EQ headphones

 

A lot of talk about EQ (equalizing) headphones on audio forums.
Headphones do measure different.
The most striking one is the frequency response.
Loudspeakers are “straight” over a large frequency range (plus/min 3 dB).
Compared with them headphones are all over the place.
An option is to use EQ and apply a correction curve to get a straight  frequency response.

 

Equalizer APO

Equalizer APO is a parametric / graphic equalizer for Windows.

It is implemented as an Audio Processing Object (APO) for the system effect infrastructure introduced with Windows Vista.

Features:

- virtually unlimited number of filters

- works on any number of channels

- very low latency, which makes it suited for interactive applications

- low CPU usage

- modular graphical user interface

- VST plugin support

 

Requirements:

- Windows Vista or later (currently only Windows 7, 8, 8.1 and 10 have been tested)

- the application must not bypass the system effect infrastructure (APIs like ASIO or WASAPI exclusive mode can not be used)

Morphit

 

Morphit offers a correction mode.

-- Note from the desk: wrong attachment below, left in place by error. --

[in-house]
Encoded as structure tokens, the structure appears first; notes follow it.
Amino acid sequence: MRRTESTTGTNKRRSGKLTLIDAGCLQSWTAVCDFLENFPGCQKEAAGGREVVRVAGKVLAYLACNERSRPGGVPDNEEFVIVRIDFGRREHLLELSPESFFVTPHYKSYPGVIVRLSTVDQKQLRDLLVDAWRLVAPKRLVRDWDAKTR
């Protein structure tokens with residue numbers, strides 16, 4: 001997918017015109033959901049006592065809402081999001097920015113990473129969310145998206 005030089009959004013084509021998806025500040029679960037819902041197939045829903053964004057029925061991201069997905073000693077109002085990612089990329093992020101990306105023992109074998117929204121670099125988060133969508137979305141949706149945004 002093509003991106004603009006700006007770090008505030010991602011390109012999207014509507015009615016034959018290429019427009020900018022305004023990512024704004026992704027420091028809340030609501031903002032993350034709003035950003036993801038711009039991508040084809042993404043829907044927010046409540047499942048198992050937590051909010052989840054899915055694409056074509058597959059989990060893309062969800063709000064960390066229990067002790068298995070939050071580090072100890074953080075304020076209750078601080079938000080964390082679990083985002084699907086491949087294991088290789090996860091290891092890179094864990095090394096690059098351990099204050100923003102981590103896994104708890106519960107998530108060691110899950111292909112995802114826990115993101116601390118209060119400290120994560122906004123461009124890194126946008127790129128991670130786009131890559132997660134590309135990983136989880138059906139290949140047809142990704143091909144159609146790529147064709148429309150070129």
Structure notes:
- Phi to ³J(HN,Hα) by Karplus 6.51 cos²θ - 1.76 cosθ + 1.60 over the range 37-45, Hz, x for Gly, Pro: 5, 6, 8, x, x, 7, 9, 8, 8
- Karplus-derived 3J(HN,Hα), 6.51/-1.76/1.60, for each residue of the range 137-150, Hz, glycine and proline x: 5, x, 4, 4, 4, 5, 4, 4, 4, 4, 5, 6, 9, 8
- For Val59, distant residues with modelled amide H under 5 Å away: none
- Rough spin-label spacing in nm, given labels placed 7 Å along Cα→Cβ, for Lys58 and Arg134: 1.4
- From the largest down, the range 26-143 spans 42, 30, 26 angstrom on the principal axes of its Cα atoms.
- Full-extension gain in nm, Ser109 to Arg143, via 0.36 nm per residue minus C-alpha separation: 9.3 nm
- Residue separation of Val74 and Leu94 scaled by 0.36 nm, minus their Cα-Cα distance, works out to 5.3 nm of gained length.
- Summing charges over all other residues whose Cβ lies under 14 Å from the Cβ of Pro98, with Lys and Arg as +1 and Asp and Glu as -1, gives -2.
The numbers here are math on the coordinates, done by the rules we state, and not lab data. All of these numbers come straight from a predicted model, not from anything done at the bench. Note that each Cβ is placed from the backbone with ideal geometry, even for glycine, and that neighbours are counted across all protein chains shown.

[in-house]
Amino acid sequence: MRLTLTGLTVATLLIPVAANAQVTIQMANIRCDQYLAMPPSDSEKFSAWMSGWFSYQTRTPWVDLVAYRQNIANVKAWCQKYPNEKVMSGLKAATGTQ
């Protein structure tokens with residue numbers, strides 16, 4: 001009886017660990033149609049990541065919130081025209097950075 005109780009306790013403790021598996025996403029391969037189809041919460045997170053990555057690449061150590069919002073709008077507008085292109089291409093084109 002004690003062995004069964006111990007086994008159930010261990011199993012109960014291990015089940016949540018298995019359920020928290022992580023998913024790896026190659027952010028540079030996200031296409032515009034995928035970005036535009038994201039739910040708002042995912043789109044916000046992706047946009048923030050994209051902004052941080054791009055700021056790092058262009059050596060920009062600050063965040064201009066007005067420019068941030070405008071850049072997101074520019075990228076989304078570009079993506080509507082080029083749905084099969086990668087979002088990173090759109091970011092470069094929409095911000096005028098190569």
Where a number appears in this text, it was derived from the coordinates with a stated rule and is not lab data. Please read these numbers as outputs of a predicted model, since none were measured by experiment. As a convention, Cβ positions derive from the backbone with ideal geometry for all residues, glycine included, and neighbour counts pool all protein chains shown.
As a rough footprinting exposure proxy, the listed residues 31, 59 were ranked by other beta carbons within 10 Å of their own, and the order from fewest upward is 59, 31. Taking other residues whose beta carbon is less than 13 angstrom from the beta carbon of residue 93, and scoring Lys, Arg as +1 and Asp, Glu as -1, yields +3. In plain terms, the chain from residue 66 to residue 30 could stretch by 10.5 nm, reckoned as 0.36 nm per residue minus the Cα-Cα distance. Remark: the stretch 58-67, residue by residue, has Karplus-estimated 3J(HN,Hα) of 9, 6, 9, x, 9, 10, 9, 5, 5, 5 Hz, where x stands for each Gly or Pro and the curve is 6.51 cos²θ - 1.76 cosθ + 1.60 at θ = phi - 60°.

For each headphone in the list there is a correction curve.
However, it takes matters a bit further.
If you can EQ  the frequency response to flat, you can also EQ it to a frequency response as characteristic of a another headphone.
This is what the Simulate mode does.
Select the headphone you are using.
Choose “Generic studio reference” and you get the correction curve for the headphone you are using.
Choose any other headphone and you get the frequency response of this headphone.

 

First I let it correct the response of the HD800
Makes a slight difference.
The I used the compare functionality by emulating a Etymotic ERP4P
Indeed the sound changes and get that lean and mean characteristic of the ERP4P
I had the feeling it is a bit overdone.
Than I did the opposite, using the ERP4P, I let Morphit emulate the HD800
Indeed you get the wider soundstage, a bit warmer sound but I’m not really convinced  this sounds exactly like the HD800.
But I do think it gives you at least a taste of how other headphones sound.
Nice toy.

 

Free full functional demo, buy € 30 if you want to save your settings.

You can combine it with any media plyer suporting VST plugins.

 

MathAudio Headphone EQ VST $60.00

A graphic equalizer and crossfeed.

You can define 9 bands by choosing a certain frequency, apply the desired gain (plus or minus) and the width of the band.

A small band allows you to compensate for resonances.

A wide band allows you to compensate for e.g. a warm midrange.

All processing is done in 64 bits.
It support sample rates from 44 to 352 kHz.

It is a VST pluging

Added 4/2014